Novelist Jonathan Ames, whose 112-page novella “You Were Never Really Here” comes across as a book written to be put on the screen, may not have had the current administration in the White House and Capitol Hill in mind when he described the corruption endemic in our system.  No matter.  Corruption is embraced under many generations of politicians in the U.S., which is why this adaptation situates its evil within the East Side-Midtown area of Manhattan, close to the UN and to the purveyors of capital.  It may or may not be a coincidence that the mansion depicted in the final scenes could resemble a likeness of  breathtaking wealth during the gilded age, where money rules, where in fact there are no rules, and to get things done all you have to do is hire the right kind of guy to do it.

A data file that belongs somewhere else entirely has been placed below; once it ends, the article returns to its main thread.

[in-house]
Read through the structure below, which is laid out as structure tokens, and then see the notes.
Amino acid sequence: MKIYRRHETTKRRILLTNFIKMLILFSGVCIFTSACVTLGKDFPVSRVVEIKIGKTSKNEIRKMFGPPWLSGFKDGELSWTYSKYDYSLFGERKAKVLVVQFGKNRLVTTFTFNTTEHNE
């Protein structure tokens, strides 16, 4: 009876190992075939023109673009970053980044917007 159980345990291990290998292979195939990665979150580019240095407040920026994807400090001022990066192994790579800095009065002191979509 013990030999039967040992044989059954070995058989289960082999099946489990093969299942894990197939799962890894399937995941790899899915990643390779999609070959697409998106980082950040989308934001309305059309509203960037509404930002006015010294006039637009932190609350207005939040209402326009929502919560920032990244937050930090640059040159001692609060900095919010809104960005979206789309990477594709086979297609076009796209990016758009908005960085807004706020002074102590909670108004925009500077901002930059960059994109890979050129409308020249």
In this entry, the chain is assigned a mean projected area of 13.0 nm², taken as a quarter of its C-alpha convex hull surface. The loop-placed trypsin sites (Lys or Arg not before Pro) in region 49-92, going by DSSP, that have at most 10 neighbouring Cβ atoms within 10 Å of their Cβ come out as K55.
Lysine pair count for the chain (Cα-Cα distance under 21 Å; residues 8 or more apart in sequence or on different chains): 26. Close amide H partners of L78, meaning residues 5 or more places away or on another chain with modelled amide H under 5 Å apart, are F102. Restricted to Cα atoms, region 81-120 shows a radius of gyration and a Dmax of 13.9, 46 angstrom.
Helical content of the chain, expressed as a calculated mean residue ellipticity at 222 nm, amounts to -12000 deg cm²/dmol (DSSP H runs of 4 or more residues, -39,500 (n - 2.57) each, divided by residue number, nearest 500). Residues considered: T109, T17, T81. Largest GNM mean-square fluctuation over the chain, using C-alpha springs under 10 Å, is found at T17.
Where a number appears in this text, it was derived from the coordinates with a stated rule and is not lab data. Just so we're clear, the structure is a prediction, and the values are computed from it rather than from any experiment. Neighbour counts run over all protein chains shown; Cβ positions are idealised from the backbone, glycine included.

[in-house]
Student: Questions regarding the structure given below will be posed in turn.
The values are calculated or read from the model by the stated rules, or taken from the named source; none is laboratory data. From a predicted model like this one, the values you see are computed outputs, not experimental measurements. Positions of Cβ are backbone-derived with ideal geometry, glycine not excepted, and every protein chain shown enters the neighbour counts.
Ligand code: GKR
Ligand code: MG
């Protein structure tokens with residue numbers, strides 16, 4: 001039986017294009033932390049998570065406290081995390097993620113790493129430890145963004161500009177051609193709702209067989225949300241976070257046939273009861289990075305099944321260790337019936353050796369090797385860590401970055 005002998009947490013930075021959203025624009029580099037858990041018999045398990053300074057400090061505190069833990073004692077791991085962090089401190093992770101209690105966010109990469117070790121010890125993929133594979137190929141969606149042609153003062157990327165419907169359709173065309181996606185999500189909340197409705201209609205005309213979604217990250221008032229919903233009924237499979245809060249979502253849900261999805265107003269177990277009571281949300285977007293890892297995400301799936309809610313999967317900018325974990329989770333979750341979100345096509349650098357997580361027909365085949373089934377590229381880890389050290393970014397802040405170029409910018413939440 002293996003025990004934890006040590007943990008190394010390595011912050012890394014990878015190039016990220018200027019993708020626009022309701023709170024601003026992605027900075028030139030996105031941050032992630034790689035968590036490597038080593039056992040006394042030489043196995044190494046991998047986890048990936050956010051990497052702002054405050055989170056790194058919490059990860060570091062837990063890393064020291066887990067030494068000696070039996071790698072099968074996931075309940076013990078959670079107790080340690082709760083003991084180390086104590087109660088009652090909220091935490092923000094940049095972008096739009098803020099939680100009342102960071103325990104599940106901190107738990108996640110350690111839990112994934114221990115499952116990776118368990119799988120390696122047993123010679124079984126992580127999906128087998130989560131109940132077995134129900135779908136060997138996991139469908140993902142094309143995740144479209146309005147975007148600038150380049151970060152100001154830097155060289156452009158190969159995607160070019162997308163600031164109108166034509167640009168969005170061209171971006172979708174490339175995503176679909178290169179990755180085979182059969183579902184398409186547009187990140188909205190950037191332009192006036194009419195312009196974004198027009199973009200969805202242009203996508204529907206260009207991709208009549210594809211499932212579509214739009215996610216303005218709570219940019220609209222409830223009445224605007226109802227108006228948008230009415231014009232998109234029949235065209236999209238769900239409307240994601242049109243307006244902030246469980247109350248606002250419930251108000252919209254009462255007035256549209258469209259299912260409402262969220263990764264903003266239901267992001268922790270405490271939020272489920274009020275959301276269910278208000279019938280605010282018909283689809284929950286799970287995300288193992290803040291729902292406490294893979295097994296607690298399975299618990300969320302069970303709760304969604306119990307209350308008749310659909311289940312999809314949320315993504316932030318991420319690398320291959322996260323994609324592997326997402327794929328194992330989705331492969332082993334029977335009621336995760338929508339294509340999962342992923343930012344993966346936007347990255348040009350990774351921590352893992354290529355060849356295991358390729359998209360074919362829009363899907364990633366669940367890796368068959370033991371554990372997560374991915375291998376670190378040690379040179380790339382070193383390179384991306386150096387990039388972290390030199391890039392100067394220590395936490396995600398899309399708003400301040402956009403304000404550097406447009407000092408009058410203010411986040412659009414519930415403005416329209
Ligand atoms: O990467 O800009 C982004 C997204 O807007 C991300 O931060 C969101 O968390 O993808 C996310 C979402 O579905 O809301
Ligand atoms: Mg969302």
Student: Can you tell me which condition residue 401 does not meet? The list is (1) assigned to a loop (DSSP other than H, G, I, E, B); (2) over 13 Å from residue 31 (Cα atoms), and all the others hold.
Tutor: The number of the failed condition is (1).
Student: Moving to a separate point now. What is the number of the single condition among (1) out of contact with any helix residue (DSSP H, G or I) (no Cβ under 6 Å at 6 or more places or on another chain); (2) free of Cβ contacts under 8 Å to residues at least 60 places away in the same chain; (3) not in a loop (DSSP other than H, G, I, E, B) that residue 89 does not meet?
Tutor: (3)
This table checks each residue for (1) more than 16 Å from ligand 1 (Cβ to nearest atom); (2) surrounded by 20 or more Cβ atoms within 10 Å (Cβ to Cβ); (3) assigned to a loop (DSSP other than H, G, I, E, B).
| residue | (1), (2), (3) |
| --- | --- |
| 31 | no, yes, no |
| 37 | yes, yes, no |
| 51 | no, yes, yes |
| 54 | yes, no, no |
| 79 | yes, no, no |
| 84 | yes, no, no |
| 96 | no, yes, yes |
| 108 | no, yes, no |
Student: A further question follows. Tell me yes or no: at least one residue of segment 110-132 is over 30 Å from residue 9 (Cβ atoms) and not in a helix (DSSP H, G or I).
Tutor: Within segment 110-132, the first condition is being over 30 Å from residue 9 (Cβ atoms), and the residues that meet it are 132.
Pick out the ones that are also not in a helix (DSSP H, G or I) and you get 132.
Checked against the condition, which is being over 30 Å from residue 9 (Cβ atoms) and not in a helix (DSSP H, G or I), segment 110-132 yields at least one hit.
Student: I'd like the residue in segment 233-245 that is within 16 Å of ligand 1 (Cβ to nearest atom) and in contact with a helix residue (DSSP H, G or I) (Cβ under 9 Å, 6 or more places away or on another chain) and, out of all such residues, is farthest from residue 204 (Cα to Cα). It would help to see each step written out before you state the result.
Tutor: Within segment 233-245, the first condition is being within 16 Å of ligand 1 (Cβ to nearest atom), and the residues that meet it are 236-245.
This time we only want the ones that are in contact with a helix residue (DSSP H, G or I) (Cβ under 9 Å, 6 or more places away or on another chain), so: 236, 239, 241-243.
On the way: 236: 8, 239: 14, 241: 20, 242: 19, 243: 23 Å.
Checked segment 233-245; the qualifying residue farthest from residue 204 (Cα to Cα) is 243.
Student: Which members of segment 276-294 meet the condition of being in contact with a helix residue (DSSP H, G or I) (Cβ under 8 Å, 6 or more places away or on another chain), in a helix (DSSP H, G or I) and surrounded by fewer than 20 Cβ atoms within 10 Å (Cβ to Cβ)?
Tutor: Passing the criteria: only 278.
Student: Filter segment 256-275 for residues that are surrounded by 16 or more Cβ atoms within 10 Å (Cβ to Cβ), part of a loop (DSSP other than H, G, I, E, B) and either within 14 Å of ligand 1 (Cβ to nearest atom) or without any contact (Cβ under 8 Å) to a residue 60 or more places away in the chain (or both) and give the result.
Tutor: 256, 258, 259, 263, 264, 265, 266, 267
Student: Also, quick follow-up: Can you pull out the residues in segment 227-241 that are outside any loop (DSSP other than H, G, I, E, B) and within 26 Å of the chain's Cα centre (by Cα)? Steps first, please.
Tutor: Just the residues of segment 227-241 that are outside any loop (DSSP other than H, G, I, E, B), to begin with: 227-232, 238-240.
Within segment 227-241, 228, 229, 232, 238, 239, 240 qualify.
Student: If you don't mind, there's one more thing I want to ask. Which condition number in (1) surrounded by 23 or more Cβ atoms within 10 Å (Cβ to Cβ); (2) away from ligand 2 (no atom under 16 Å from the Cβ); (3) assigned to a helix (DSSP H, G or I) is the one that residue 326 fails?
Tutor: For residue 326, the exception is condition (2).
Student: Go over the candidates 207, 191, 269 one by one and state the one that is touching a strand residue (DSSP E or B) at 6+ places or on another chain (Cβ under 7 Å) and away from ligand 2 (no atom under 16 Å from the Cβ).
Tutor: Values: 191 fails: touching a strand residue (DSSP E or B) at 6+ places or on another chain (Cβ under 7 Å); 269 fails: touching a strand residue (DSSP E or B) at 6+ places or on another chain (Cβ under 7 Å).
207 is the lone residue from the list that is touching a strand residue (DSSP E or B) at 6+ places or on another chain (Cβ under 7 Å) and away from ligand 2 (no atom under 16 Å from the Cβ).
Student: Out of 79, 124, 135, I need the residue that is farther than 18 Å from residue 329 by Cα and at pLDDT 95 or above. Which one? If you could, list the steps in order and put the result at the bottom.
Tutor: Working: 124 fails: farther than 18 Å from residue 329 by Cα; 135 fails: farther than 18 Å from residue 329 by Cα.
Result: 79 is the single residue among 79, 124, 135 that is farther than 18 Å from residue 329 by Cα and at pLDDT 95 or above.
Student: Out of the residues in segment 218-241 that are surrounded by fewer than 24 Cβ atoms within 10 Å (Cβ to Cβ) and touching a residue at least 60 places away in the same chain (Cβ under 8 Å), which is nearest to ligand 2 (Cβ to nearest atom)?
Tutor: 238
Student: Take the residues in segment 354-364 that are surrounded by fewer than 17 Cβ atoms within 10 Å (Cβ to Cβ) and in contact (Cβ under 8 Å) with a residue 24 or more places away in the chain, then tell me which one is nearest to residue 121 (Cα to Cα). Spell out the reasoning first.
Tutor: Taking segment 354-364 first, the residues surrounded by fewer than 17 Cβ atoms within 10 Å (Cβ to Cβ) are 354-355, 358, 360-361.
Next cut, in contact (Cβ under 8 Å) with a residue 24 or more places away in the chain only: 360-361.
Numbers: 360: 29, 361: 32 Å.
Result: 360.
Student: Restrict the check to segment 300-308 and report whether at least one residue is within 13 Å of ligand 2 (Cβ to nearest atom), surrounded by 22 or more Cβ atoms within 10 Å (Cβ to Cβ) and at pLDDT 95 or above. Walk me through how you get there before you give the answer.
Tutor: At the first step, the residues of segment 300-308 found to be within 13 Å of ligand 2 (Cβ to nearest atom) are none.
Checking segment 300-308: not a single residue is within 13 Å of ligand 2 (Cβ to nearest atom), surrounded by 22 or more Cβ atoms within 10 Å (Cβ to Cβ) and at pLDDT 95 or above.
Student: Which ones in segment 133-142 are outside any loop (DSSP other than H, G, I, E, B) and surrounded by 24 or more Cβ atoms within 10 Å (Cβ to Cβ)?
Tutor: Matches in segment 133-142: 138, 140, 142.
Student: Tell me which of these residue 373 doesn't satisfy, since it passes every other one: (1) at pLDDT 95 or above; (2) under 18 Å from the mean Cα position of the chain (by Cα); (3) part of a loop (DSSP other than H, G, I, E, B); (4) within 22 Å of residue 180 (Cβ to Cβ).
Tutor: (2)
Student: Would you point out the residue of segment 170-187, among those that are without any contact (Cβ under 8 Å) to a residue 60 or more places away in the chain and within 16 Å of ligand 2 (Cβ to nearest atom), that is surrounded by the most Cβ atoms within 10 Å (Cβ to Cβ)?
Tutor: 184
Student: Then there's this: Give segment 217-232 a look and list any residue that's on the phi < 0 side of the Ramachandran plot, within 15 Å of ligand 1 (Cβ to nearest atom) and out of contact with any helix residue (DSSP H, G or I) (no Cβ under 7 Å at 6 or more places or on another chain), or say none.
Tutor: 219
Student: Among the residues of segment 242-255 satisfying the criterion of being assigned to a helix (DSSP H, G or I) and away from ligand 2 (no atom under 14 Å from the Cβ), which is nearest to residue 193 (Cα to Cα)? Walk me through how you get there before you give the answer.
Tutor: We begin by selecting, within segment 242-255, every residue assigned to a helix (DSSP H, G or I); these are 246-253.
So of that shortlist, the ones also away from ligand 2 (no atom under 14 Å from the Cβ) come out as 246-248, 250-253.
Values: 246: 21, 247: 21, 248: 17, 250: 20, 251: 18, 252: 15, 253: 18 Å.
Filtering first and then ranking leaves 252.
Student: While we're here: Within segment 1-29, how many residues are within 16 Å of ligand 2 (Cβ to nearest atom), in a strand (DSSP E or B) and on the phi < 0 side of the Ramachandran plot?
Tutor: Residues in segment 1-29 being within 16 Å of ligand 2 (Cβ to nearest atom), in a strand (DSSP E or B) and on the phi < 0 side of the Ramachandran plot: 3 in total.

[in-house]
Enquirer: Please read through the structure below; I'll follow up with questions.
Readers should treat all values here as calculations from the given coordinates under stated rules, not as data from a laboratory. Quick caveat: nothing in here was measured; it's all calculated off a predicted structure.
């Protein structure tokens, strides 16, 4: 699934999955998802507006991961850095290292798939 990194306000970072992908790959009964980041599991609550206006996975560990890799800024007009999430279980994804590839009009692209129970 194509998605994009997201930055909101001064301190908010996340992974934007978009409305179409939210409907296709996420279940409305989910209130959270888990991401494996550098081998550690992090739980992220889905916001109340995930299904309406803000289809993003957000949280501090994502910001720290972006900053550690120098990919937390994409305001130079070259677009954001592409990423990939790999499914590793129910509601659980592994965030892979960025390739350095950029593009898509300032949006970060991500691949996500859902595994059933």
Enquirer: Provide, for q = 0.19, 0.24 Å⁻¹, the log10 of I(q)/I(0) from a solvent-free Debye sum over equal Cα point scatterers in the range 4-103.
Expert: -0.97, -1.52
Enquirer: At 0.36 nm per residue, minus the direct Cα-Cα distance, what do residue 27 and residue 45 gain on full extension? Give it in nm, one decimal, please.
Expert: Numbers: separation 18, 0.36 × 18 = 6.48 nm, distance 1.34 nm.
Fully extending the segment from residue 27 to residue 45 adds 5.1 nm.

In this noirish adaptation, writer-director Lynne Ramsay—whose “We Need to Talk About Kevin” about a mother made meek because of an “incident” must struggle to love her strange child—focuses now on another person of disturbed psyche.  And who can blame Joe (Joaquin Phoenix)?  He was brutalized by his father, became an FBI agent and then a soldier in the Iraq War, and sees ghosts wherever he goes.  The specters are often women with dead eyes who stalk him, evoked by his experience in Iraq where he sees a girl killed.  He simply was never really there for her.  He dedicates his remaining time to the service of a hit man, but so far as we can see he’s a good guy.  He is part of an organization that rescues girls kidnapped for sex slavery, with Nina Voto (Ekaterina Samsonov) standing in for one thirteen-year-old that he rescues, but her own zonked out appearance could have resulted as much from abuse she faced from her father, State Senator Albert Voto (Alex Manette), as from her treatment as a sex slave.  The senator tells Joe, his hit man (for $50,000) that she often ran away from home.  Her unprotected status made her easy prey for the perverted criminals who hooked her into their lair.